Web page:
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Chelsea Market Should Not Have Been Upzoned

Chelsea Market
Chelsea Market, the former Nabiscco factories and birthplace of the Oreo, are a landmark of 19th and 20th century American industrial architecture and history. An upzoning will allow large additions to be added atop the 9th Avenue end (left in picture) and 10th Avenue end (right in picture) of the complex.

Just prior to Sandy’s devastation, we reported the disappointing news that the City Council had agreed to approve the upzoning of Chelsea Market and allow a developer to construct two large additions atop the historic complex.  The deal, brokered by City Council Speaker Quinn and approved by the Council’s Land Use Committee, was headed to the full Council for approval when Mother Nature intervened, twice, and Council meetings had to be canceled.

While we await the final vote, please read the op-ed published in Chelsea Now, entitled “Chelsea Market Should Not Have Been Upzoned,” outlining our argument against the developer-friendly deal.

Chelsea Market Should Not Have Been Upzoned

Chelsea Market
Chelsea Market with planned 10th Avenue addition above the complex.

The deal between the City Council and international developer Jamestown Properties to upzone Chelsea Market, allowing two huge structures to be built atop the complex, was fundamentally flawed — as was the process from which it emerged.

The area around Chelsea Market is already suffering from terrible overdevelopment, traffic and congestion. This is in large part due to upzonings of the area the city has approved in the last seven years — four in Community Board 4 alone — creating more new development potential than in any other community board in the city. In fact, much of the additional development (and the traffic, congestion and infrastructure strain it will bring) has not yet even taken place — meaning this problem will get much worse over the coming years, even without the Chelsea Market upzoning. The Chelsea Market development will, however, make that bad situation even worse. Disappointingly, the City Council did not reduce the size of the development at all, which would have at least reduced this impact.

The two large towers to be built atop Chelsea Market will also permanently disfigure a beloved Chelsea and New York City landmark. The new 300,000-square-foot additions (increasing the amount of office space at Chelsea Market by nearly 50 percent) will not only loom over the complex, but also the High Line. While the deal also requires the existing façade of Chelsea Market be preserved (with the two enormous out-of-context additions built on top), this amounts to closing the barn door after most of the horses are out.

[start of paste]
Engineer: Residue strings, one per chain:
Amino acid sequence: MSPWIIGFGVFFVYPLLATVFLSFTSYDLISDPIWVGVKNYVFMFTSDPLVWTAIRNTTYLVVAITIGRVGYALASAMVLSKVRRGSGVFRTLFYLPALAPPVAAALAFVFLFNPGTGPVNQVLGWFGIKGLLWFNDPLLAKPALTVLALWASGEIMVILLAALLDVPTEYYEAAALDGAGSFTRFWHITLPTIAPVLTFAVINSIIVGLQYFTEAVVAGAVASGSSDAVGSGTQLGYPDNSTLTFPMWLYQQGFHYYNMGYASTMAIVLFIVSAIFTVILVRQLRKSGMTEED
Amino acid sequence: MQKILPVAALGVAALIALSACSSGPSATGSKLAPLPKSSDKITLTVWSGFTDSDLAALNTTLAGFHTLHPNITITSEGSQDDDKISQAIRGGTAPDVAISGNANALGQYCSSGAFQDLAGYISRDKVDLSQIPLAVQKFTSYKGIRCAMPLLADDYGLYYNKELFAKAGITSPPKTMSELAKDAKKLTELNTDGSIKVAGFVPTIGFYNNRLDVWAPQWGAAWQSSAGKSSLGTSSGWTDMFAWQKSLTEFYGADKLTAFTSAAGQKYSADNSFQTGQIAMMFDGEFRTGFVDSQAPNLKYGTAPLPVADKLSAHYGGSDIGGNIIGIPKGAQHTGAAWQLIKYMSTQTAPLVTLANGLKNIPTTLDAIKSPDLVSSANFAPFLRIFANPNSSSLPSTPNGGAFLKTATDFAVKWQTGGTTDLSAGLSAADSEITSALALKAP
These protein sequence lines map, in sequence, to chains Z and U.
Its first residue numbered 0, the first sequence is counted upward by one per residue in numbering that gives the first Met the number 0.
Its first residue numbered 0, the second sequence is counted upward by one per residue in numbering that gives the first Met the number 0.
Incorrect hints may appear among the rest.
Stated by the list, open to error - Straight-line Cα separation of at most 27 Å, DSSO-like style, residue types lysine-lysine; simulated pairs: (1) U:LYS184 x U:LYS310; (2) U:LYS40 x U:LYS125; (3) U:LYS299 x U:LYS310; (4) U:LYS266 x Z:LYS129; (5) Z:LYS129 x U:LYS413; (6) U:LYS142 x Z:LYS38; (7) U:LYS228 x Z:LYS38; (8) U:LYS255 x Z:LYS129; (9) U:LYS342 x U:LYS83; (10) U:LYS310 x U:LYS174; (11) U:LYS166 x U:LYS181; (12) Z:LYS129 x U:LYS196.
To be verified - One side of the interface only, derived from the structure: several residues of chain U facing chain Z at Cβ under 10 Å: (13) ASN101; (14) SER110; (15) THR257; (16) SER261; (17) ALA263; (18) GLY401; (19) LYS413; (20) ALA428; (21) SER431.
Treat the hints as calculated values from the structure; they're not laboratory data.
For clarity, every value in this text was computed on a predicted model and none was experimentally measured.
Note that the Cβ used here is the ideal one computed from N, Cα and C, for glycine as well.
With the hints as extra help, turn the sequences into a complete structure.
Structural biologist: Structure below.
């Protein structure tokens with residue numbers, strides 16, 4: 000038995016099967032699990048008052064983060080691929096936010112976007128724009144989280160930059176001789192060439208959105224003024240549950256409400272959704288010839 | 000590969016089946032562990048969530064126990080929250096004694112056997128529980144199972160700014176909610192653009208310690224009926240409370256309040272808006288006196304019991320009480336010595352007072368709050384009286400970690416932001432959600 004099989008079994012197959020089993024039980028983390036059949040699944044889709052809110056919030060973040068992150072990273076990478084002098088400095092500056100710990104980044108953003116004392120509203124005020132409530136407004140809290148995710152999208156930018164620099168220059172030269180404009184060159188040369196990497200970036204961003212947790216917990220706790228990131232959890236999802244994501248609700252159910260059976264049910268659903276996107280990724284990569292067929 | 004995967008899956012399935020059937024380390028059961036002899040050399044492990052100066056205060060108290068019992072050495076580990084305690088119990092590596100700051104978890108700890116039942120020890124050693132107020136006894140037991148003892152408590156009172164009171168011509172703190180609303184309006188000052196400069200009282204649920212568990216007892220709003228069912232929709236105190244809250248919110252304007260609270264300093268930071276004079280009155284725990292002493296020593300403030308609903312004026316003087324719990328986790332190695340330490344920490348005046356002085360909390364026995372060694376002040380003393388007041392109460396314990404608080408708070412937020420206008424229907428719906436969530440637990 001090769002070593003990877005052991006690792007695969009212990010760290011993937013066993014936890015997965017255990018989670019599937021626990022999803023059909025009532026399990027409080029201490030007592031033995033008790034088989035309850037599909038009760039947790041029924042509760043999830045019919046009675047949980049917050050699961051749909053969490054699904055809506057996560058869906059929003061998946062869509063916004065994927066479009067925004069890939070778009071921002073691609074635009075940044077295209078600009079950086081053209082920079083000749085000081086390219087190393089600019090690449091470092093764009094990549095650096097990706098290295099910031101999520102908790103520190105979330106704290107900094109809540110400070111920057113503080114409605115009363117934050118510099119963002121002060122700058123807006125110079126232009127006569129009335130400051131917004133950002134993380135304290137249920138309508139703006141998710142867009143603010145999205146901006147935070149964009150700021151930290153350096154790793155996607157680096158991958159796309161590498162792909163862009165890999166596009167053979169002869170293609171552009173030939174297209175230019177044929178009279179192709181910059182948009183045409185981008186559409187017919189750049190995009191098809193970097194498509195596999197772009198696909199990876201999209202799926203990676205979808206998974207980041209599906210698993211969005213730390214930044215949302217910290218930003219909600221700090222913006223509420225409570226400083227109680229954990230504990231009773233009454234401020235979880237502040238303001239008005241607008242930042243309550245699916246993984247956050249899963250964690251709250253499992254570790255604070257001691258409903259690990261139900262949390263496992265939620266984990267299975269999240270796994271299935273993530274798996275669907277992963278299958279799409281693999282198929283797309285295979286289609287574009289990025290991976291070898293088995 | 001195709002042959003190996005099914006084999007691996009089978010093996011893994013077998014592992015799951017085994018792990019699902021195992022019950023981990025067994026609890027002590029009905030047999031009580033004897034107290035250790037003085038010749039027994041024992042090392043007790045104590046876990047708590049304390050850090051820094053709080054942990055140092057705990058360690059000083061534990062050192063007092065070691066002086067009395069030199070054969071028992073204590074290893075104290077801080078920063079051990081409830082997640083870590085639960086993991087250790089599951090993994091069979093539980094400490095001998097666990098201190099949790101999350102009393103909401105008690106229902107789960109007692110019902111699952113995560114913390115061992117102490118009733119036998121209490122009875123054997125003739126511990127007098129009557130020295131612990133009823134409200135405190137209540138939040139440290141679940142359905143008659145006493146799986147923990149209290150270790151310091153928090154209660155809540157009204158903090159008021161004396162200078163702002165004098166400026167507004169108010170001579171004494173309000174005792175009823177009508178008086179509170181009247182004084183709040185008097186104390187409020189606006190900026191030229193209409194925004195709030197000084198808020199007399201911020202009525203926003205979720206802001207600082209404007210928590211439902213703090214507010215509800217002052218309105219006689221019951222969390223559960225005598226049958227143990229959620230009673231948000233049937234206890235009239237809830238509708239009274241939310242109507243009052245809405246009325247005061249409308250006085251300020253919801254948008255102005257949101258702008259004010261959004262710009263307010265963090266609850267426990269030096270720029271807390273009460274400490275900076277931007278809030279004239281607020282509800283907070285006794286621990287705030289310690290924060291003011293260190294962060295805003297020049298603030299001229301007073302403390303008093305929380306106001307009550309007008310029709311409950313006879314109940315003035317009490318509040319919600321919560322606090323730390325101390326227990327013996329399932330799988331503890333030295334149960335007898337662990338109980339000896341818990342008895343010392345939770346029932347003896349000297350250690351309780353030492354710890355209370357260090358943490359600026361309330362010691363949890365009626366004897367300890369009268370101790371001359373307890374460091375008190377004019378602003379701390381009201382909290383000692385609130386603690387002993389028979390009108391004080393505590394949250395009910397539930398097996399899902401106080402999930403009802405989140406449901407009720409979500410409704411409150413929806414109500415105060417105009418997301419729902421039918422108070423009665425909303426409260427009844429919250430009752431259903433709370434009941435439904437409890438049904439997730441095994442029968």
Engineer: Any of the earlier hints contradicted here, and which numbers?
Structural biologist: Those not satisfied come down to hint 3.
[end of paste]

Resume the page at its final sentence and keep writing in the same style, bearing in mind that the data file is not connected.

This provision has been touted as preventing the theoretical possibility of the Chelsea Market complex from being demolished in the future and replaced with a tall, thin tower.  But this is in fact a highly unlikely possibility. Under the current zoning, if Chelsea Market were demolished, its replacement would have to be about 10 percent smaller than the current buildings — and in New York City, buildings are rarely if ever demolished to be replaced by smaller ones.

The City Council’s deal also promises funding for the creation of 150 units of affordable housing. However, 100 of those units were actually promised and owed from the agreement between City Hall and the City Council for the 2005 West Chelsea rezoning — but were never delivered, and thus are not really “new” units at all.

One has to wonder if this affordable housing promise will be better kept and delivered than the last one, and why needed affordable housing only seems to be offered in exchange for large giveaways to developers that will have a host of other deleterious effects upon the community.

The Council deal promises that 75 percent of the ground floor of Chelsea Market will be reserved for food stores. Preserving food uses is a laudable goal, as Jamestown has moved sharply towards more non-food businesses in the beloved “market” from which Chelsea Market gets its name. However, promises like these are often made as part of these deals and turn out to be other than what was touted. Unfortunately, in this case the public has not been given the opportunity to see or comment upon the exact terms of this commitment (for instance, will chain food stores found in any mall in America count?) or how it will be enforced prior to the Council’s vote — and thus, we do not know the accuracy of this claim or exactly how it will be applied and enforced.

The Council voted to approve this deal with only one member, Zoning Subcommittee Chair David Weprin, staying for and listening to all the public testimony against the project. On the whole, the deal to upzone Chelsea Market will add to traffic and congestion, increase overdevelopment, diminish a beloved local landmark, and reinforce the view of a public review and approval system as one which denies the public a real voice.

Find out more about Chelsea Market HERE and HERE.

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